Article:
Democratic form of Government necessarily requires accountability which is possible only when there is openness, transparency and knowledge. Greater exposure about functioning of the Government ensures better and more efficient administration, promotes and encourages honesty and discourages corruption, misuse or abuse of powers by an officer or authority. Transparency is a powerful safeguard against political and administrative aberrations and antithesis of inefficiency resulting from a totalitarian government which maintains secrecy and denies information.
RIGHT TO INFORMATION ACT IN A NUTSHELL
The formal recognition of a legal Right to Information in India occurred more than two decades before legislation was finally enacted, when the Supreme Court of India ruled in State of U.P. v Raj Narain that the Right to Information is implicit in the right to freedom of speech and expression explicitly guaranteed in Article 19 of the Indian Constitution. Subsequently, the Court has affirmed this decision in numerous cases and has even linked the Right to Information with the right to life enshrined in Article 21 of the Constitution.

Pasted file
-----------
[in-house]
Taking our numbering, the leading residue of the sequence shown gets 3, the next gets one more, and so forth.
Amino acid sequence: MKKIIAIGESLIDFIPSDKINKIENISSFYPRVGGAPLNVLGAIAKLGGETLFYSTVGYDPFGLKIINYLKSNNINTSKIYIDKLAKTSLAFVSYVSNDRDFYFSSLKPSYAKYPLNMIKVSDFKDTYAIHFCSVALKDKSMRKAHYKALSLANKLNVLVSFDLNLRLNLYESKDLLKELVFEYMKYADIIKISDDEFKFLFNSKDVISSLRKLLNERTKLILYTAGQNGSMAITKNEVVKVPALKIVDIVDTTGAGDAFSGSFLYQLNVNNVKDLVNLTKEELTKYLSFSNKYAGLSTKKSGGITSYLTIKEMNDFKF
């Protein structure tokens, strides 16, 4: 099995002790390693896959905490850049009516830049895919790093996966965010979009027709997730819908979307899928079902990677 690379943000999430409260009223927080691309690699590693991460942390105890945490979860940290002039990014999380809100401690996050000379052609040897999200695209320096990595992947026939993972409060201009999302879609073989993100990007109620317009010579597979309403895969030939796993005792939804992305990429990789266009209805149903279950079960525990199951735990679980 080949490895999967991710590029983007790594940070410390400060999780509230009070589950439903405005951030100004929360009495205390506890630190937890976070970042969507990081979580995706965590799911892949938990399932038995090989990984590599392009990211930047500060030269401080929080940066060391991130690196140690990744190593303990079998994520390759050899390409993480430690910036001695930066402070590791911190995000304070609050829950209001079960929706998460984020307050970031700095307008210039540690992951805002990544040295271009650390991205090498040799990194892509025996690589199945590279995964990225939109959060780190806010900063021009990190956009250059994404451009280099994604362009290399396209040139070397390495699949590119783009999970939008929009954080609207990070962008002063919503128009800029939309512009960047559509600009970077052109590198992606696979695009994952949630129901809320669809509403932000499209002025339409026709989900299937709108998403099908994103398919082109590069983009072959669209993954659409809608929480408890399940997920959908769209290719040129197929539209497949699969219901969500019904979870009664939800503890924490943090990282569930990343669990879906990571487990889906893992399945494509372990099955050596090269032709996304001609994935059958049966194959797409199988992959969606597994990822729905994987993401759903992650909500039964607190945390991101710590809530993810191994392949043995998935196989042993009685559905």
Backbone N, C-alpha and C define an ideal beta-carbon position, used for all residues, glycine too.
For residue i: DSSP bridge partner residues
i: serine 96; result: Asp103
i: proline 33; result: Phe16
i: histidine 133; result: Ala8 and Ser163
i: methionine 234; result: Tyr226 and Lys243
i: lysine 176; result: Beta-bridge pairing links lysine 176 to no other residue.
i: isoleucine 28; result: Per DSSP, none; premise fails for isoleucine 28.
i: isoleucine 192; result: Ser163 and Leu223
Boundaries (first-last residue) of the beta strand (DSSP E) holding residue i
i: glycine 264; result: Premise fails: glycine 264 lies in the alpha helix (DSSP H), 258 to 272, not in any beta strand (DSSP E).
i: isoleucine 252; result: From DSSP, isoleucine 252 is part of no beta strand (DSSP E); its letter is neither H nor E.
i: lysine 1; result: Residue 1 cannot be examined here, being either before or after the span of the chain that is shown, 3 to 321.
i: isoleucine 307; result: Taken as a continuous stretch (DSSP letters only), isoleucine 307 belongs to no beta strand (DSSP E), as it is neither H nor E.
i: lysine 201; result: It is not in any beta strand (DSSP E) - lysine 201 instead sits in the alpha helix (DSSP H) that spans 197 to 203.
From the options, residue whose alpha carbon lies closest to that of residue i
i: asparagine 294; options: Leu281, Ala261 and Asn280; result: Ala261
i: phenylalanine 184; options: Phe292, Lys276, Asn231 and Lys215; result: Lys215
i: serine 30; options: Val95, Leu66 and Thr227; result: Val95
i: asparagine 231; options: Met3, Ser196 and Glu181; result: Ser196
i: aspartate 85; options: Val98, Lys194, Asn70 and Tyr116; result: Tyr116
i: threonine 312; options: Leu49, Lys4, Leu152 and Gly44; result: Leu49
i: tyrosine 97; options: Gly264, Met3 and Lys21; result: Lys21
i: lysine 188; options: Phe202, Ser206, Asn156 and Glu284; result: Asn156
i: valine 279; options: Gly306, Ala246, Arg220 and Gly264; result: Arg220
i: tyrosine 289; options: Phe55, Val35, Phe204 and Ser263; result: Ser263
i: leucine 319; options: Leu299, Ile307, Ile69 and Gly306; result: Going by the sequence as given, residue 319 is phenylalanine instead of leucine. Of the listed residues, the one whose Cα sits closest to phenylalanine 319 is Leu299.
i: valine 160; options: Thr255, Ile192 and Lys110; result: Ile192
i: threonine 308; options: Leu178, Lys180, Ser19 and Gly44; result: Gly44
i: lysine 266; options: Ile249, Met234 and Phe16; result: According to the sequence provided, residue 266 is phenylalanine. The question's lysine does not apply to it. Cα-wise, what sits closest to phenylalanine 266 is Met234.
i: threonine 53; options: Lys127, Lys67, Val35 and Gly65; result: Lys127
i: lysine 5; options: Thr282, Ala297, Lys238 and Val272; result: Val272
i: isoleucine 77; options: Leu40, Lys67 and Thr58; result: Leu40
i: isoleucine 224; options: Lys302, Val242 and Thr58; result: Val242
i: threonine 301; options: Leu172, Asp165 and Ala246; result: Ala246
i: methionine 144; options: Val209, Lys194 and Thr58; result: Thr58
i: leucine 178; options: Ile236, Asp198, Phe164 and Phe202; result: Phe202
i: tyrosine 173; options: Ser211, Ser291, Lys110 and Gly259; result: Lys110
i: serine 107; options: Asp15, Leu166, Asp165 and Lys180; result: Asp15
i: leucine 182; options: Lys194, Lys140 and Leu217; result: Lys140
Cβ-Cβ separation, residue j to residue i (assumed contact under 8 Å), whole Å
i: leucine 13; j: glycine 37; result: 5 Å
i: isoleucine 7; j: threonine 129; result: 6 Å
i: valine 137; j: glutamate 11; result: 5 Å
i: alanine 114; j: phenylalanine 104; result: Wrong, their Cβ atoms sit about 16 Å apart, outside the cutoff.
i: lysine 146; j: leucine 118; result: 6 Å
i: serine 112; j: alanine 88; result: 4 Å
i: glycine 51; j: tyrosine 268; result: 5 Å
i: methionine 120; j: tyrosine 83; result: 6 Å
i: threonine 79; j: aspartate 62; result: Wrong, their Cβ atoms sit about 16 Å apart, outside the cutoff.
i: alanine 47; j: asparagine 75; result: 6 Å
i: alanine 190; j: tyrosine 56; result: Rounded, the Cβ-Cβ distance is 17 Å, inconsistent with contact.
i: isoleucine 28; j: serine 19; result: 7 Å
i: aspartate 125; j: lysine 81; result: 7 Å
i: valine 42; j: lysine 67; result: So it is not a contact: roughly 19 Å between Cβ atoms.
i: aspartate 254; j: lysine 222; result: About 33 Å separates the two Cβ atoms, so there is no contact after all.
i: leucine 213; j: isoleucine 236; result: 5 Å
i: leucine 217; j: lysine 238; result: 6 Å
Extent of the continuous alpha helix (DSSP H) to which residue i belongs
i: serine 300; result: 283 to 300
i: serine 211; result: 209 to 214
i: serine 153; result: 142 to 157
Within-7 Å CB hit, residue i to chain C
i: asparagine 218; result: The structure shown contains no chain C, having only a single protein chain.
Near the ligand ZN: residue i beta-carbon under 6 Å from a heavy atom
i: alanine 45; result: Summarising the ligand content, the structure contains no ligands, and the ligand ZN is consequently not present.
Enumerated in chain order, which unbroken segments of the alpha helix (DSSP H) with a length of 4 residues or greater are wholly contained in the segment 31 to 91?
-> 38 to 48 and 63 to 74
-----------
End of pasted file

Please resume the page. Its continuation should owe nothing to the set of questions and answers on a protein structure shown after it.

Right to Information (RTI) is defined under Section 2(j)as:
“Right to Information” means the Right to Information accessible under this Act which is held by or under the control of any public authority and includes the right to-
- Inspection of work, documents, records.
- Taking notes, extracts, or certified copies of documents or records
- . Taking certified of materials
- Obtaining information in the form of diskettes, floppies, tapes, video cassettes or in any other electronic mode or through printouts where such information is stored in a computer or in any other device.”
Right to Information Act, 2005 (hereinafter referred to as ‘RTI Act’) sets out the practical regime of right to information for citizens to secure access to information from a public authority, which is held by the public authority or which is held under its control, in order to promote transparency and accountability in the working of the Government, contain corruption, and make our democracy work for the people in real sense.